While some scholars suggest there is evidence of African's living alongside the Native American Indians dating back to the 14th Century, American's today trace the history of Africans arriving in America in Jamestown, Virginia in 1619.
Since originally brought to America by force, African/Black Americans have influenced every aspect of American society. From, education, politics, government, sports, business, arts/entertainment, literature, science to exploration. Thanks to Carter G. Woodson, who realized the country had little knowledge of the contributions made by Blacks/African Americans to the History of the United States, Black History Week was started in 1926.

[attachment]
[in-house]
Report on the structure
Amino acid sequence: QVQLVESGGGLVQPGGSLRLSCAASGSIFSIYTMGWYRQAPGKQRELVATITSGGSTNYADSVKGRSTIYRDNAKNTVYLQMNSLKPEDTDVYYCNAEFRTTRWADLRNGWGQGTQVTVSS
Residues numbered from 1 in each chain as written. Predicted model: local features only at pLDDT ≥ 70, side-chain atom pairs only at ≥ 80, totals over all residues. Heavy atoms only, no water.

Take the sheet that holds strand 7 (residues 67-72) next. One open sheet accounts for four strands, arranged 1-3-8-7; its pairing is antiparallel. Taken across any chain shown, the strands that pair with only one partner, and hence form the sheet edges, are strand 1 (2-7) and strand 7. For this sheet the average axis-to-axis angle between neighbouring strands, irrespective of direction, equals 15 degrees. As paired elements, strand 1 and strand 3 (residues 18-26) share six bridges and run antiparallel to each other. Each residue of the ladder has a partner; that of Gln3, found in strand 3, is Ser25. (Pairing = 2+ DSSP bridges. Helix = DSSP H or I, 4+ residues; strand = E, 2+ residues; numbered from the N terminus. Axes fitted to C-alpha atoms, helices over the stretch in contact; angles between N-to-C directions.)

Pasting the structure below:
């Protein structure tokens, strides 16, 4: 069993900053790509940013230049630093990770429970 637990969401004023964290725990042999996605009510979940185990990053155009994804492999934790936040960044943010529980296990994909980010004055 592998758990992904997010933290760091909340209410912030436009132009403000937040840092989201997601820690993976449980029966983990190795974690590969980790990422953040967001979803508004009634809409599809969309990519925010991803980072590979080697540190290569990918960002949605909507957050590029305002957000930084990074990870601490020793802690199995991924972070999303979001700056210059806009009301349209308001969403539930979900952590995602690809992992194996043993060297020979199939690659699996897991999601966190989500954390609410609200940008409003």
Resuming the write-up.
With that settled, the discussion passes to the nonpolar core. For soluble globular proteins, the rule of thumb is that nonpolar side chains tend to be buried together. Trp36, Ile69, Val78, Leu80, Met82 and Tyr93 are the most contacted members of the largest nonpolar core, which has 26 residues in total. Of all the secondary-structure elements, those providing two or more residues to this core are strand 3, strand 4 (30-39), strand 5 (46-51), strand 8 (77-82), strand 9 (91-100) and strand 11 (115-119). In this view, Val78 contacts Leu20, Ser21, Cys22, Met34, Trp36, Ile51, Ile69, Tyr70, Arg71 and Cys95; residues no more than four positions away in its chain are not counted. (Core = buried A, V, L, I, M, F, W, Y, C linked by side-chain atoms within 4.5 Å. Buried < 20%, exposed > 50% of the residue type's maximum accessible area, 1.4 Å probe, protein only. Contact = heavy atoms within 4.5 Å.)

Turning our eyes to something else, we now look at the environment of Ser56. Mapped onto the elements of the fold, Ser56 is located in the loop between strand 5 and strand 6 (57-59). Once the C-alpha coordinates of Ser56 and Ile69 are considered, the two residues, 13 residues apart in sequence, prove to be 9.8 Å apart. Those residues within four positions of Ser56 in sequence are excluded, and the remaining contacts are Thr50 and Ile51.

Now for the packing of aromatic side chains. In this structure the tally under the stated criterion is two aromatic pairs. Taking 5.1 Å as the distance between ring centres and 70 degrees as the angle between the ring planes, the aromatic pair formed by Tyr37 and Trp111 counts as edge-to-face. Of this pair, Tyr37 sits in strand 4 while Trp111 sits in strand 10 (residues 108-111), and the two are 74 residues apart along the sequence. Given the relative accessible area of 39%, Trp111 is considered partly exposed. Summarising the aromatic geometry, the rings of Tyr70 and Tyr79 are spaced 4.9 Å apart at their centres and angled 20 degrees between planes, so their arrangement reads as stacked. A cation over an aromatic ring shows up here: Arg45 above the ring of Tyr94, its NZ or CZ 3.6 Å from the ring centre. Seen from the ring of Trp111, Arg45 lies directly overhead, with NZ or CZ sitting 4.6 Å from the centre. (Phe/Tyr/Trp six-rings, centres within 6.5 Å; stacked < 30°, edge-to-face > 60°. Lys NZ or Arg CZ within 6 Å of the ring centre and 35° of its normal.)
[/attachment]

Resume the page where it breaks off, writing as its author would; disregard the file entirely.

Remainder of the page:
By 1976 it was extended to four weeks during the month of February, and became known as Black History Month.
Today with the election of our 44th and first African American/Black President, there has been a renewed interest in African American/Black history.
While Black History Month is a significant time of celebration; Black History USA believes history is made twenty four hours a day, seven days a week, and three hundred sixty five days a year.